As simple as it may sound it took building those awareness muscles, which would alert me of a judgmental thought passing through my mind, to begin healing this behavior. I would catch myself judging myself and then redirect the thought in a more compassionate way. I would apologize to myself for being so hard on myself and then find a response with more loving kindness to replace the judgmental thought with.

For example:

If I got behind on my work I would maybe say something in judgment to myself like, “God, why can’t you get stuff done on time? Why do you wait last minute? Your client is going to be so upset and never want to work with you again.”

I would feed into that thought process and it would increase my sense of anxiety and shame.

Instead, I can pause and notice my own self-judgment. I could stop the mental chatter and say, “Wow, I’m being really hard on myself! Where is this coming from? Oh yeah, I like to do things “perfectly”. But I’m an imperfect human being and it’s okay if I’m running behind. I’ve had a lot on my plate. Maybe I can ask my client for more time. I’m sure they would understand.”

The latter mental dialogue is much more compassionate, understanding, and balanced.

Just the awareness alone of a judgmental thought is healing and potent in itself. We become disengaged from the power our own of judgment.

Another good indicator that we’re in judgment is if we’re using the word “should”. Should implies that we’re doing something wrong. It’s a black and white statement. Judgment is a polarized behavior in of itself—it’s right or wrong.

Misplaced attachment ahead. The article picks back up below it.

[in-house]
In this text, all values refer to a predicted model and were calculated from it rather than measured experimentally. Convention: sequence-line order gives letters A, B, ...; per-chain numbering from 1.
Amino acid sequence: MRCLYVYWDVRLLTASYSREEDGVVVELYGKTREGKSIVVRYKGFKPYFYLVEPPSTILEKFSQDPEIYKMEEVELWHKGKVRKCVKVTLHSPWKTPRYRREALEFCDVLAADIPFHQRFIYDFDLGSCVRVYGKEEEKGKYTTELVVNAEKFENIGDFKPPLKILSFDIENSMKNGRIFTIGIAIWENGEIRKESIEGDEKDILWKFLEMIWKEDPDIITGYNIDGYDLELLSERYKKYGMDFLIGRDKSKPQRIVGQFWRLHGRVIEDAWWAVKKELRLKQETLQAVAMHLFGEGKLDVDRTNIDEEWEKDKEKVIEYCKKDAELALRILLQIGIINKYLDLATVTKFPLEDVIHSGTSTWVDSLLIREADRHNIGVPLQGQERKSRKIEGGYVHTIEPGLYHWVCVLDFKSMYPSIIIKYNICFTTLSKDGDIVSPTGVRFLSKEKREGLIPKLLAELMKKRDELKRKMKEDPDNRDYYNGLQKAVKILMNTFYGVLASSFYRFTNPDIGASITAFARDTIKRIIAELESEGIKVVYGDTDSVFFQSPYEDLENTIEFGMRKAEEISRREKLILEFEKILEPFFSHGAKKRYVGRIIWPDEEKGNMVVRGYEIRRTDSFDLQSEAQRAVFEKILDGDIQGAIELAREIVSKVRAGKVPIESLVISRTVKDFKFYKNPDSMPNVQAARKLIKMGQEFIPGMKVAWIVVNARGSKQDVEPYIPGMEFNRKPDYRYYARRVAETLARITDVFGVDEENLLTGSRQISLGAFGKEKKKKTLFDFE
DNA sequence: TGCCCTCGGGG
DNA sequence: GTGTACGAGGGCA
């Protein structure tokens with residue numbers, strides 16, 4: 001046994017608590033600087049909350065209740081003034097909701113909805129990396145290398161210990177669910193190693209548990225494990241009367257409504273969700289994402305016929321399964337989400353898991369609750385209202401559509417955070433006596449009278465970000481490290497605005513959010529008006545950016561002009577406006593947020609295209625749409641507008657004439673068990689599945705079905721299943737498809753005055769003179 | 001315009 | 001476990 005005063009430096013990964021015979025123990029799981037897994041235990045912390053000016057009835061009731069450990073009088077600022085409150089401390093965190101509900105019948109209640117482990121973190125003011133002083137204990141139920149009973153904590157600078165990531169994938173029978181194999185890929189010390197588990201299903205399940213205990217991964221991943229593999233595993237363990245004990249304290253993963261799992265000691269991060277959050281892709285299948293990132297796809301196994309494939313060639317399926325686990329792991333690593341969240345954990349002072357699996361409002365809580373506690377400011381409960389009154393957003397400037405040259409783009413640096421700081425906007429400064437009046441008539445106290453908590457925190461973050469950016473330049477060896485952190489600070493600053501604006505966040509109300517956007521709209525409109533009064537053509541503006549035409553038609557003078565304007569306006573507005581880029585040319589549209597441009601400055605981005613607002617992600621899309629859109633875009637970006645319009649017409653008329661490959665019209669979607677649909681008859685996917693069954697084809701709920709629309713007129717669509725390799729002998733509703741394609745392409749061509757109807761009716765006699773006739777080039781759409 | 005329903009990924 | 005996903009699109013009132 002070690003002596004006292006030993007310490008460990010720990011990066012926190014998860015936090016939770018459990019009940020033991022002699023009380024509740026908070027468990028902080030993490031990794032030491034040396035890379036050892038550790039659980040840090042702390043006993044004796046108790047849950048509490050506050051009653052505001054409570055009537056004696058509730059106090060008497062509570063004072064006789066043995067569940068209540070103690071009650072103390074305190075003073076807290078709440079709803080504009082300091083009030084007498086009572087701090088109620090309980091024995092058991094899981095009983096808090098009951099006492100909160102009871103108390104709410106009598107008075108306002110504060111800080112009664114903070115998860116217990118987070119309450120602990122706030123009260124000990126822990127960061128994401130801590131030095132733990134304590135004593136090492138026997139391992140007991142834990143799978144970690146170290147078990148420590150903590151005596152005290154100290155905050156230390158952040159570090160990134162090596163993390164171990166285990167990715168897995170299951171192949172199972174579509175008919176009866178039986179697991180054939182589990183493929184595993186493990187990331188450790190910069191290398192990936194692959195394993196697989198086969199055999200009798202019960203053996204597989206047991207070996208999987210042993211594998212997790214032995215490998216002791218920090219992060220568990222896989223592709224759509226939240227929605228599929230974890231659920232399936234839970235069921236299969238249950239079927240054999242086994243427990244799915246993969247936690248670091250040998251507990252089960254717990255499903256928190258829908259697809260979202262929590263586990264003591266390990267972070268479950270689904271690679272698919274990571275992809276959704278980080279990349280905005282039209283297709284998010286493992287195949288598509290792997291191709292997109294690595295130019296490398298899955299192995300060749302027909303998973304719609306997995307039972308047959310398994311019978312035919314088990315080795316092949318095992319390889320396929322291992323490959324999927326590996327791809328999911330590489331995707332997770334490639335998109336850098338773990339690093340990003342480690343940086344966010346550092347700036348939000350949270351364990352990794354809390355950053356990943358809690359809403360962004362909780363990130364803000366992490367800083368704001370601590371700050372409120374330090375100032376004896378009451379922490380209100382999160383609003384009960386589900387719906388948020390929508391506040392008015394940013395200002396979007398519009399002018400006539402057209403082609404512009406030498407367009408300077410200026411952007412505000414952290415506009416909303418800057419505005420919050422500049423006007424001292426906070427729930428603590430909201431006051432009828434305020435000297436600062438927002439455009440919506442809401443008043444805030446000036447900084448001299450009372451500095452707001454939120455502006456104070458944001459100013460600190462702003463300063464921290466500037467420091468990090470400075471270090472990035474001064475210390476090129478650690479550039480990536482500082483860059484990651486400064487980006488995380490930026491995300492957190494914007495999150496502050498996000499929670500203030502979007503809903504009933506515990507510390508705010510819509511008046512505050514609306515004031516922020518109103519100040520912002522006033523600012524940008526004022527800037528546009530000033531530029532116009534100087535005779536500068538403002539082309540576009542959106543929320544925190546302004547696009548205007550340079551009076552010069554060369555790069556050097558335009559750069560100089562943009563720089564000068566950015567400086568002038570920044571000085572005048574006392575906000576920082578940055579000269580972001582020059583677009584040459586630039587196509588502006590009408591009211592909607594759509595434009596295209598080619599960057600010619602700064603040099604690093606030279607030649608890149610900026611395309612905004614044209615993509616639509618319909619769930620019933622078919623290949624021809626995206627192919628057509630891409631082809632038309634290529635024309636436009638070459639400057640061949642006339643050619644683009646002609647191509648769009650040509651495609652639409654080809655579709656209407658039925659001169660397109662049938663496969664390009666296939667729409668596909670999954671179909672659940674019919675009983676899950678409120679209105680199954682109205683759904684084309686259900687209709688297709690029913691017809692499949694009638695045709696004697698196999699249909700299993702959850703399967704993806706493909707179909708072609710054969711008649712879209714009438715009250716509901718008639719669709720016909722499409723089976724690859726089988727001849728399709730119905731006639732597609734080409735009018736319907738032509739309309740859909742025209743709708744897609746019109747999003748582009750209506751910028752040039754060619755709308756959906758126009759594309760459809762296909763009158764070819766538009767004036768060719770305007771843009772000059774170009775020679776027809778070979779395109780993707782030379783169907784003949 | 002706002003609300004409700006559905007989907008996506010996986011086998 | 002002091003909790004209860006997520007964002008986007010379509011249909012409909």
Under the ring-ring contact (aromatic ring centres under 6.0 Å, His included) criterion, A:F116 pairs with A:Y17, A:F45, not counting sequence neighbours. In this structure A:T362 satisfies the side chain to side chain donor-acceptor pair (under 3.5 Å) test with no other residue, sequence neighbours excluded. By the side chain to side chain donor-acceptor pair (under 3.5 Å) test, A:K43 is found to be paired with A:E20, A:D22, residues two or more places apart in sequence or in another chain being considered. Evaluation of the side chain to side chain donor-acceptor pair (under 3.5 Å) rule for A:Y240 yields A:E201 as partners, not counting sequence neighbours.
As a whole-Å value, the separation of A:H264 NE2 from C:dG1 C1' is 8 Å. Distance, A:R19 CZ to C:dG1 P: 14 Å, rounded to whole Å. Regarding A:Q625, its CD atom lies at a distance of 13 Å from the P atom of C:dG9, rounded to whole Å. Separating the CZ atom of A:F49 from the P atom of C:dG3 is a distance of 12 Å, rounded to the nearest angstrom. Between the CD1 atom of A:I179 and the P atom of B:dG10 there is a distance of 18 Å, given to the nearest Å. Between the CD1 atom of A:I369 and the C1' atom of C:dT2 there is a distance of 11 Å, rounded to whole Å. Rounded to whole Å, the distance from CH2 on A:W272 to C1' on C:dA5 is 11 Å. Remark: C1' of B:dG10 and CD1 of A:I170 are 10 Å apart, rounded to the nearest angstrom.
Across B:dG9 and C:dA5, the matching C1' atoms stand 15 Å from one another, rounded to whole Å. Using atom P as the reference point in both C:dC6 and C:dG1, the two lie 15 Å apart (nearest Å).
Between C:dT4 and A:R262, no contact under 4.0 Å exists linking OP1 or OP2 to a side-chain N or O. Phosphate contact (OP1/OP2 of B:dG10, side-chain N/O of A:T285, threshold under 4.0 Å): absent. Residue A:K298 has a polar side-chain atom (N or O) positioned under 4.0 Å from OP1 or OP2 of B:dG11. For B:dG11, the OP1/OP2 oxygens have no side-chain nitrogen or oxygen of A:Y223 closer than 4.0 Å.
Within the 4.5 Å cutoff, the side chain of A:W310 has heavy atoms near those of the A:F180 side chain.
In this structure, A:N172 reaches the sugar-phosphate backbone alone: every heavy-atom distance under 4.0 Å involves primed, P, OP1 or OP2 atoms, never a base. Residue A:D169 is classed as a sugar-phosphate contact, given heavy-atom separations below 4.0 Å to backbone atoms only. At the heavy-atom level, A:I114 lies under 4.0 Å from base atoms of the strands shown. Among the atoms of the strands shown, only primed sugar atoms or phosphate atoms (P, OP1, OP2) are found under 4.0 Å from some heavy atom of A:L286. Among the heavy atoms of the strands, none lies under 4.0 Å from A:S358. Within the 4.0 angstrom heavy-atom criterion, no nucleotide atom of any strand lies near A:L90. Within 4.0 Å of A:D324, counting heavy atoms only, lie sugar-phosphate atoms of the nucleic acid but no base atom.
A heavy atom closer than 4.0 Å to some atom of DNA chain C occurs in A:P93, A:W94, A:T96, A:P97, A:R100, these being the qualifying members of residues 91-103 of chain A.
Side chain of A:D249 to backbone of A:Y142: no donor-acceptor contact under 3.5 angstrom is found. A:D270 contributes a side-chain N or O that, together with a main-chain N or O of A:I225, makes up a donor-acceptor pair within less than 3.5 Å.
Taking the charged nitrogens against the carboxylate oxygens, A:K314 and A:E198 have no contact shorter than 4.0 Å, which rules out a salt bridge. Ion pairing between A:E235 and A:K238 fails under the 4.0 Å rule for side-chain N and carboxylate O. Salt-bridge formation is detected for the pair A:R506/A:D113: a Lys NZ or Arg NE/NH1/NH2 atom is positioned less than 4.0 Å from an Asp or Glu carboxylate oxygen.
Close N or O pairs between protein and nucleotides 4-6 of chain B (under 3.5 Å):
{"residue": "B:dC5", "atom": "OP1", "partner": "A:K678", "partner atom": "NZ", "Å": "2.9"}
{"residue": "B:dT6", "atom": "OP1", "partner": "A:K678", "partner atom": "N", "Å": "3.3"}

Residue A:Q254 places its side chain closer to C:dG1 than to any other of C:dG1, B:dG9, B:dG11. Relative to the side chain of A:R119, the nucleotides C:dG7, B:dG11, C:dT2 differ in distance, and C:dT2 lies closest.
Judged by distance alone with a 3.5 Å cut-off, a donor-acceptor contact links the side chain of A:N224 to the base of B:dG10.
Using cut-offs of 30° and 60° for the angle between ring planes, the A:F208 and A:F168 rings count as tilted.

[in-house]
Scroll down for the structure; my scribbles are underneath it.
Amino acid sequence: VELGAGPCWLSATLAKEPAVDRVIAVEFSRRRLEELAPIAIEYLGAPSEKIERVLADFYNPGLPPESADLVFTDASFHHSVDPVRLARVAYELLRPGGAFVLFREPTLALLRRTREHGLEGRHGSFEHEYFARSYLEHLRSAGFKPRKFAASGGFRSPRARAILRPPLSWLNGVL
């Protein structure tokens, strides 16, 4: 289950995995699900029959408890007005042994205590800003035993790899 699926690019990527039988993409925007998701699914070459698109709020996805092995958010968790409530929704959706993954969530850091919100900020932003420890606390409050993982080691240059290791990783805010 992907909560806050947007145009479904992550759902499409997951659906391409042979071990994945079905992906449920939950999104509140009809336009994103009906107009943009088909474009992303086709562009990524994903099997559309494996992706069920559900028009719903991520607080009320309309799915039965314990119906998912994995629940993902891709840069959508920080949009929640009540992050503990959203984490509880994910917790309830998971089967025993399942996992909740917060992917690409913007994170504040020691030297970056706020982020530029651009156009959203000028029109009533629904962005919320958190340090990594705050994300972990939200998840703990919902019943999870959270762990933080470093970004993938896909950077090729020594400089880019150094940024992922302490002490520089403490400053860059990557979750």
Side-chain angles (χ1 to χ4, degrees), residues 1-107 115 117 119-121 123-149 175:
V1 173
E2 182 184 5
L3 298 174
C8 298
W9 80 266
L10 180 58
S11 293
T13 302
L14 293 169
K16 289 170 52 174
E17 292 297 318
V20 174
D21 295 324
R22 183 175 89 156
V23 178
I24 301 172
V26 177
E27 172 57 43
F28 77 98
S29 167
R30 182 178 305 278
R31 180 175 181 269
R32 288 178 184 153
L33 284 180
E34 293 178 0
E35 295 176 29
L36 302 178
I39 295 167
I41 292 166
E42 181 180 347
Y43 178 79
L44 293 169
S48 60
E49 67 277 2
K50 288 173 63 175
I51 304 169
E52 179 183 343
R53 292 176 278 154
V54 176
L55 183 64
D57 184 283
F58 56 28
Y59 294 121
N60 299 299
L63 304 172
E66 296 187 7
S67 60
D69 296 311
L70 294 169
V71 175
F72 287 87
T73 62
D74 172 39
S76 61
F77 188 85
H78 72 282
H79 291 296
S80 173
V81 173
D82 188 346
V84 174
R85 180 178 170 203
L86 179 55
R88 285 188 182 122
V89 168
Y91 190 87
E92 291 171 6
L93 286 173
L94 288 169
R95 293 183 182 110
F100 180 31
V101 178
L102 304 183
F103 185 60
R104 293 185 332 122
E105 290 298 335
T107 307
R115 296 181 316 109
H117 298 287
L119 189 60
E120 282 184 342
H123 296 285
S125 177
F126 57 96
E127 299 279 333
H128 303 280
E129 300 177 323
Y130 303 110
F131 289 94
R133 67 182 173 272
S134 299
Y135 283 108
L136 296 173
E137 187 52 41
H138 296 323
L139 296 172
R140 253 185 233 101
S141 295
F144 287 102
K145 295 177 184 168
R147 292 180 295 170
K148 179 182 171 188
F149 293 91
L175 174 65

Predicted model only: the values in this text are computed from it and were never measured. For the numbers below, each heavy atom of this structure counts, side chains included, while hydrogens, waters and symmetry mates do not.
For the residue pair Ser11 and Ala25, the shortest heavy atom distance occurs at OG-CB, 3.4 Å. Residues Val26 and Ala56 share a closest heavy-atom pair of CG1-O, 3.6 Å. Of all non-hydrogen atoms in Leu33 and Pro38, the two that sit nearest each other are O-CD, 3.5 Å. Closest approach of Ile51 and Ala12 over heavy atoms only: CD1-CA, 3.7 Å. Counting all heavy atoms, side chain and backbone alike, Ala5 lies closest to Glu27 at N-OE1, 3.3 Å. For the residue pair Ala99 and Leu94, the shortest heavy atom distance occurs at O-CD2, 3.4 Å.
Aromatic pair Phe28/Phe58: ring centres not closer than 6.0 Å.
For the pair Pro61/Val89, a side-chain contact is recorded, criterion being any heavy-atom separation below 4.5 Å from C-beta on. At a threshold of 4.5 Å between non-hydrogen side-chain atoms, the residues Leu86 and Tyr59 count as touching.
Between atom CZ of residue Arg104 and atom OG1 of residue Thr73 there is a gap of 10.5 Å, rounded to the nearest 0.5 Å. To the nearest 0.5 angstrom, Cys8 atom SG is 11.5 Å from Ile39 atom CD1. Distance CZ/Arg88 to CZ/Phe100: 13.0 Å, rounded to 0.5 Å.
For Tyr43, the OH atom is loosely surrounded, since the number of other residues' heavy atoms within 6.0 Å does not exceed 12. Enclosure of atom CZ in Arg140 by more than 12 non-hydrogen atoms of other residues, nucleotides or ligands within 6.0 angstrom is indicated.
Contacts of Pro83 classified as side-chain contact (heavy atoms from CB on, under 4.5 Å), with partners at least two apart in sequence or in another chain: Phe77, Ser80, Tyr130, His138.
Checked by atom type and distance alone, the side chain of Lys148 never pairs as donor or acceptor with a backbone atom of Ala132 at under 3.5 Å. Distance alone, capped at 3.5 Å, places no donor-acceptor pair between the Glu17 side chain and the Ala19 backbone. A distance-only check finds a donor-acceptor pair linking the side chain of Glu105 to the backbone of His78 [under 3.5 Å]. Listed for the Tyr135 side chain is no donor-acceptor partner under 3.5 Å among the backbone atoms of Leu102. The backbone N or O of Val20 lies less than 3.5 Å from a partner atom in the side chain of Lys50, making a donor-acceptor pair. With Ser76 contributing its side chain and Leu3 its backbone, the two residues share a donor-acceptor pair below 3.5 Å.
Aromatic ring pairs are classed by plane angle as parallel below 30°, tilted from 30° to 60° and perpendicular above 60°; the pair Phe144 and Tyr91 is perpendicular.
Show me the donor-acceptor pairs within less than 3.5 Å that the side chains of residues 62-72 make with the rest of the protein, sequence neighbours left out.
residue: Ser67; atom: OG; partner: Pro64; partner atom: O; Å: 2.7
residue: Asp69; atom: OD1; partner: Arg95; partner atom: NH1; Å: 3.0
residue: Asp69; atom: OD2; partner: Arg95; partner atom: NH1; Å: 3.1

This practice of cultivating self-compassion takes time, consistency, and self-love. Soon I began to notice I was in judgment of myself much less. In turn, I was judging others a lot less too. And when I would catch myself judging others then that was a good indicator that I was judging myself too.

When we build our mindfulness skills and choose to control the way in which we think our thoughts this in turn can have deep healing benefits. Less anxiety, depression, a sense of being present, a deep sense of self-love, and more.

I believe mindfulness is the core skill to healing emotionally, physically, and mentally. Especially healing self-judgment.

Here is one simple exercise you can practice to help decrease self-judgment:

1. Notice the judgmental thought. The easiest way to do this is to become aware of your own “warning” signals. Maybe you’re using the word “should” in your internal dialogue. Maybe it’s a physical or emotional sense of anxiety, panic, or urgency. Or maybe it’s simply negative self-talk.

2. Take one minute to STOP and breathe. This is important! Disengage from your judgment. Begin to just notice your breathing. Or you can alter the breath by inhaling for the count of six and exhaling for the count of six.

3. Once you feel your nervous system calming down, begin to replace the judgmental thought with a loving one. Speak to yourself like you would speak to a child. Be loving, compassionate, and patient with yourself.

4. Notice any shifts or changes between how you felt in judgment and how you’re feeling in mindful, loving kindness.

5. Practice. Again and again.